A group of GPs has expressed concerns that their local out-of-hours service will be shut down, amid repeated closures during recent weekends.
The GPs, from practices in Helensburgh and Lochside on the west coast of Scotland, said in a note to patients last week that the out-of-hours service had been closed on four occasions in the last six weekends.
They went on to warn this ‘constitutes an unacceptable clinical risk which will be felt most by disadvantaged patients’, who had to travel 25 miles to the next nearest GP out-of-hours facility.
They added that they feared the closures were part of a ‘strategic plan’ to eventually close the centre, which covers 75,000 patients, as they had seen ‘no attempt’ to recruit nurses to unfilled positions.
The note said: ‘We are concerned that the inability to fill the posts represents part of NHS Greater Glasgow and Clyde’s strategic plan to reduce or close local GP out-of-hours care.
‘There has been no attempt to recruit unfilled nursing posts in the GP out-of-hours service.’
A spokesperson for NHS Greater Glasgow and Clyde said they were facing significant challenges in staffing out-of-hours services across their eight locations.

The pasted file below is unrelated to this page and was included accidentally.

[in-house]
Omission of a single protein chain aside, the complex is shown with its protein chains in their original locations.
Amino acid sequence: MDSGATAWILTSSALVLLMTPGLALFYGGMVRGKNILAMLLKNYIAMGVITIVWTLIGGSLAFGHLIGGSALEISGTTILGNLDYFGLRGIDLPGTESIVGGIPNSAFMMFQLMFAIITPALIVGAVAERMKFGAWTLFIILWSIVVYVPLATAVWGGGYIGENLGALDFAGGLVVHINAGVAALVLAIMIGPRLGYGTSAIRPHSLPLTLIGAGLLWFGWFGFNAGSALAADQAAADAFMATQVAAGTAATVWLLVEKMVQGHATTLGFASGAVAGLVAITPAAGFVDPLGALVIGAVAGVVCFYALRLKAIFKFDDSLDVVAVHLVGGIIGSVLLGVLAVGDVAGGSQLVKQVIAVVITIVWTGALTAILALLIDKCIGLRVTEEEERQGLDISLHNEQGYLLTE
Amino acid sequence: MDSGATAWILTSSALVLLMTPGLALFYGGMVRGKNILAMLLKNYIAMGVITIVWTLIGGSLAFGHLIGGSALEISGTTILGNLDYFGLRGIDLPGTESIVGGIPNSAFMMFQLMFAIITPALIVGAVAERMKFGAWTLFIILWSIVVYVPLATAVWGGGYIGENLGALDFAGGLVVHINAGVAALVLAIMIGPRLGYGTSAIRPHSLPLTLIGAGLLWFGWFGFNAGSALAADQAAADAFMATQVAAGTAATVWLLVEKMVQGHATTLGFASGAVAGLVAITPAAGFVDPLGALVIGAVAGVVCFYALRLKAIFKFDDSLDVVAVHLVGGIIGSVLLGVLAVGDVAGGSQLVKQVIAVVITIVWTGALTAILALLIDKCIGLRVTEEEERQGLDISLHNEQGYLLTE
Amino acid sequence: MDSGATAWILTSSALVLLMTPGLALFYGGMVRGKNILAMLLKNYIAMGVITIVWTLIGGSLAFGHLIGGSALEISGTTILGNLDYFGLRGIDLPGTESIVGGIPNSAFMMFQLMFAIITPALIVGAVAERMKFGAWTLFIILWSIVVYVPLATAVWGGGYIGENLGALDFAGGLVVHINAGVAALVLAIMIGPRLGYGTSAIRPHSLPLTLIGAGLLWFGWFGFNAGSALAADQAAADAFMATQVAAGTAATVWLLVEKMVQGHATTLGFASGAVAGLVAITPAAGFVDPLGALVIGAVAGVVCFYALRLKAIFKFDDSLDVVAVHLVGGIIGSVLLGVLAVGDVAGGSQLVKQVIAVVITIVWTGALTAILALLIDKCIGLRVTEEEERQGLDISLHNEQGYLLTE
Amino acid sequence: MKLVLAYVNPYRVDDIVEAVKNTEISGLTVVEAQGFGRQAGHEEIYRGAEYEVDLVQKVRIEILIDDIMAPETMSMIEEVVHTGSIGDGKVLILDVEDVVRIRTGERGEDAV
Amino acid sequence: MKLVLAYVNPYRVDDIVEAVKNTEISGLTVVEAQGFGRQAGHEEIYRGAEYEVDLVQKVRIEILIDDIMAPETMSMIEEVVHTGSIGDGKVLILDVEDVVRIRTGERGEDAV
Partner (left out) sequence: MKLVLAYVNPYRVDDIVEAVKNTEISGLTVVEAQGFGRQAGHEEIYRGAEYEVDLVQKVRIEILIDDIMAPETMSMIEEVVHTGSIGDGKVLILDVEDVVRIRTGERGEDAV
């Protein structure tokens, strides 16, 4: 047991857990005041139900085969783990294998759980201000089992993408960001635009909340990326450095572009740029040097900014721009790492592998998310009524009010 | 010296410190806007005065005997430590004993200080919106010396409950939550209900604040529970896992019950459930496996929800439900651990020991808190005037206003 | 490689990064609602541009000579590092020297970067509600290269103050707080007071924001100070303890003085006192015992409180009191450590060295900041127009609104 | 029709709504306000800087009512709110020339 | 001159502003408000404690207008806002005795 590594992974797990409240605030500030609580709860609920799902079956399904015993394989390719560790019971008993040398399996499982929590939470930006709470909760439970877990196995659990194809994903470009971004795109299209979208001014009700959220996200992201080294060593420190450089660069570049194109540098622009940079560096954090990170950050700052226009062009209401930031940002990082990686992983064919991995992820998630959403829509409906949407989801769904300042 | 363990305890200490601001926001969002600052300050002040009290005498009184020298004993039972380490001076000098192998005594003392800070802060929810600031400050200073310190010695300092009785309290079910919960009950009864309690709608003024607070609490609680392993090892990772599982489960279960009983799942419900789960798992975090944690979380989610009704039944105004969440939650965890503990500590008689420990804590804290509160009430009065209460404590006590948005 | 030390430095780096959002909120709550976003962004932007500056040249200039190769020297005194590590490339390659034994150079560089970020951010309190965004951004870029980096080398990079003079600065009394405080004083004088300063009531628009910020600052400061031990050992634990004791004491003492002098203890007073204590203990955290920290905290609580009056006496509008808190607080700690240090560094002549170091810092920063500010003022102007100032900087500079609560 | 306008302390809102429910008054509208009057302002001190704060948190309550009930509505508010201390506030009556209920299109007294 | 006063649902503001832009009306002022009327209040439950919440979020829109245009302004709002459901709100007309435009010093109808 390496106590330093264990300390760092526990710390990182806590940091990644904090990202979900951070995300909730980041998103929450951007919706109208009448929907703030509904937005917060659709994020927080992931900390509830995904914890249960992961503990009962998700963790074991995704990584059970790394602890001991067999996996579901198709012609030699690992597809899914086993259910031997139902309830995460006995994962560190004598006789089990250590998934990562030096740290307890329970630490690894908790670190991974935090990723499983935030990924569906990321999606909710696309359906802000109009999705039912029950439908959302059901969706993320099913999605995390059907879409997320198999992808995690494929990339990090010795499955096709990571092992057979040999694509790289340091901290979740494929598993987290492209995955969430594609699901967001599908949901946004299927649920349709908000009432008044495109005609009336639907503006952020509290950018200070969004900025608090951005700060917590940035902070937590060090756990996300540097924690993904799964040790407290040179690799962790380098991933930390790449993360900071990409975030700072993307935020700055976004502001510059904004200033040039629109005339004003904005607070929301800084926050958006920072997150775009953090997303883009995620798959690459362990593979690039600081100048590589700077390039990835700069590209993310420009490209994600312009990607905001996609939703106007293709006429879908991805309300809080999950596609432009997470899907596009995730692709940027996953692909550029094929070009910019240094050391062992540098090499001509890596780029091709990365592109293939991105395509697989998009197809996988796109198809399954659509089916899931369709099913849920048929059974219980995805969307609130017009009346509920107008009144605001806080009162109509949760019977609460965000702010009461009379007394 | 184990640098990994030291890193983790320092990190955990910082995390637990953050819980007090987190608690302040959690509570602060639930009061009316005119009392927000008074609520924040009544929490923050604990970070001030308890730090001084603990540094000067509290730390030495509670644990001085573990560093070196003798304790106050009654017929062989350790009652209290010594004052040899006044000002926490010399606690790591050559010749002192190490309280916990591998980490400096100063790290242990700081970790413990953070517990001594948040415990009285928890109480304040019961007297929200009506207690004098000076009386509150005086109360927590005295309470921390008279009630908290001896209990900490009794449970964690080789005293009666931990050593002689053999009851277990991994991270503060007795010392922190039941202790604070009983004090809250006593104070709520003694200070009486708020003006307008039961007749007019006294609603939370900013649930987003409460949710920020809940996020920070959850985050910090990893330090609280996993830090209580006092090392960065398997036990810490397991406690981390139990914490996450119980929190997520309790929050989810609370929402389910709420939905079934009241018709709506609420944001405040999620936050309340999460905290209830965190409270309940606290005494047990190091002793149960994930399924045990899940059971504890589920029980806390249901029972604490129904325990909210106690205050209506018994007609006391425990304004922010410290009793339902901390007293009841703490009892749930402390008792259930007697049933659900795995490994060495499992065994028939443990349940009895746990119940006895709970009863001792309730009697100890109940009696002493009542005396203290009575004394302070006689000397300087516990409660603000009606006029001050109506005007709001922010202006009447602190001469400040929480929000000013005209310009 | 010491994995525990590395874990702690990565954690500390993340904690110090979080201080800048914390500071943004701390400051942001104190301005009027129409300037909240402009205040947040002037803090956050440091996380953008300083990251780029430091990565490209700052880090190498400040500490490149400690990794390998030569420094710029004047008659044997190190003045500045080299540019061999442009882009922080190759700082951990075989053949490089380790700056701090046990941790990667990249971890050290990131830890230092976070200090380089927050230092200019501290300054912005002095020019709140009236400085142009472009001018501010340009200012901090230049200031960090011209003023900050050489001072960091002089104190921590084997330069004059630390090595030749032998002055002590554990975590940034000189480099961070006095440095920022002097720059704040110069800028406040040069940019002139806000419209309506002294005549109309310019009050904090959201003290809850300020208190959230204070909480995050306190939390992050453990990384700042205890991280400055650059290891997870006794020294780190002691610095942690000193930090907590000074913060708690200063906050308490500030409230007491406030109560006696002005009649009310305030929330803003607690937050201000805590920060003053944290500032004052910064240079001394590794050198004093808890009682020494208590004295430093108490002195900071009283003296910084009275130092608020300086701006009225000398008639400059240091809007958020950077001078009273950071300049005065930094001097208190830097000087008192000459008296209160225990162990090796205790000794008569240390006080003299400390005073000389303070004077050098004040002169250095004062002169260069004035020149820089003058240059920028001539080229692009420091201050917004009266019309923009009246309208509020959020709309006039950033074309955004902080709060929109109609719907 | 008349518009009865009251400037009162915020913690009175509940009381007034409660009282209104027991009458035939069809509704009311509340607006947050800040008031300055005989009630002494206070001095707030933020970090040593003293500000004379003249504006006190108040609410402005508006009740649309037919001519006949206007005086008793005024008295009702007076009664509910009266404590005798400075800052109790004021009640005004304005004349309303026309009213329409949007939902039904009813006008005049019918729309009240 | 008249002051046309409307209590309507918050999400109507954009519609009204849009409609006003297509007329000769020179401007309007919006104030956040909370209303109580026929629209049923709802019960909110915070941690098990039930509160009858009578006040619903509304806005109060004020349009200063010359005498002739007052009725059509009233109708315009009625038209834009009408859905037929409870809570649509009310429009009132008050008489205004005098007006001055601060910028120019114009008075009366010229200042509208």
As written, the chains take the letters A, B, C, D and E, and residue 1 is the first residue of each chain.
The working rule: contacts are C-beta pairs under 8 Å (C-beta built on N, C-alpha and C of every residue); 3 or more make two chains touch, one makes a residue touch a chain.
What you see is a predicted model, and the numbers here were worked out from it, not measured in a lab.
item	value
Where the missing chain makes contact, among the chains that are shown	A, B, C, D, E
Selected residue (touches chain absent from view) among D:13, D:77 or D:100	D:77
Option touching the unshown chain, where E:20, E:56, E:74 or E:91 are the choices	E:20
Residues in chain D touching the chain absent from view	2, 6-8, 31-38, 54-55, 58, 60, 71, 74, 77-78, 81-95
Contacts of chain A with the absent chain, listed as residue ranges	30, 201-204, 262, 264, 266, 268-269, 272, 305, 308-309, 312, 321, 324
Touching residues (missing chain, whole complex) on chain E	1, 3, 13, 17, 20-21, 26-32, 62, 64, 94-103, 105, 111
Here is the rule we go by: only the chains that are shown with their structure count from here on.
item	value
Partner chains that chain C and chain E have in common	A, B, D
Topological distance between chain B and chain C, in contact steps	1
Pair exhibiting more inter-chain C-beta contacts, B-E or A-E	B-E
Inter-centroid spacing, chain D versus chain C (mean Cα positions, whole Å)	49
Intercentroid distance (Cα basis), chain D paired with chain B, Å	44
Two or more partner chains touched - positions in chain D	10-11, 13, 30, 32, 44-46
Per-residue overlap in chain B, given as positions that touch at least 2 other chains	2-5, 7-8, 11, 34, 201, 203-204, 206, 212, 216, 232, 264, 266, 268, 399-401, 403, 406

‘There have been occasions when no GP has been available to cover a specific centre,’ they admitted.
They added: ‘In response to this ongoing pressure – which is not unique to Glasgow and Clyde – the GP out-of-hours team have developed initial thoughts on options to address these pressures.’
A full review of the service is being carried out by the health and social care partnerships to look at how it can be made more sustainable, the spokesperson added.
They said: ‘We continue to have medical staffing issues resulting in us moving GPs from site to site to provide a robust service and reduce any impact on patient care.’
According to the health board, transport was also made available to transfer any patients to the out-of-hours service at the Royal Alexandra Hospital when the Vale of Leven Hospital centre was closed.
Scottish GPC chair Dr Alan McDevitt said that ‘when practices or health boards struggle to recruit GPs, that inevitably has an impact on the services they deliver’.
He added: ‘When patients have an urgent problem that cannot wait until normal opening hours, then they need to be able to access the right professional at the right time and receive the care that they need.
‘Ensuring that people who need to see a GP out of hours are able to do so is hugely important and the only way to make these services sustainable in the long-term is to make a career as a GP attractive to more young doctors.’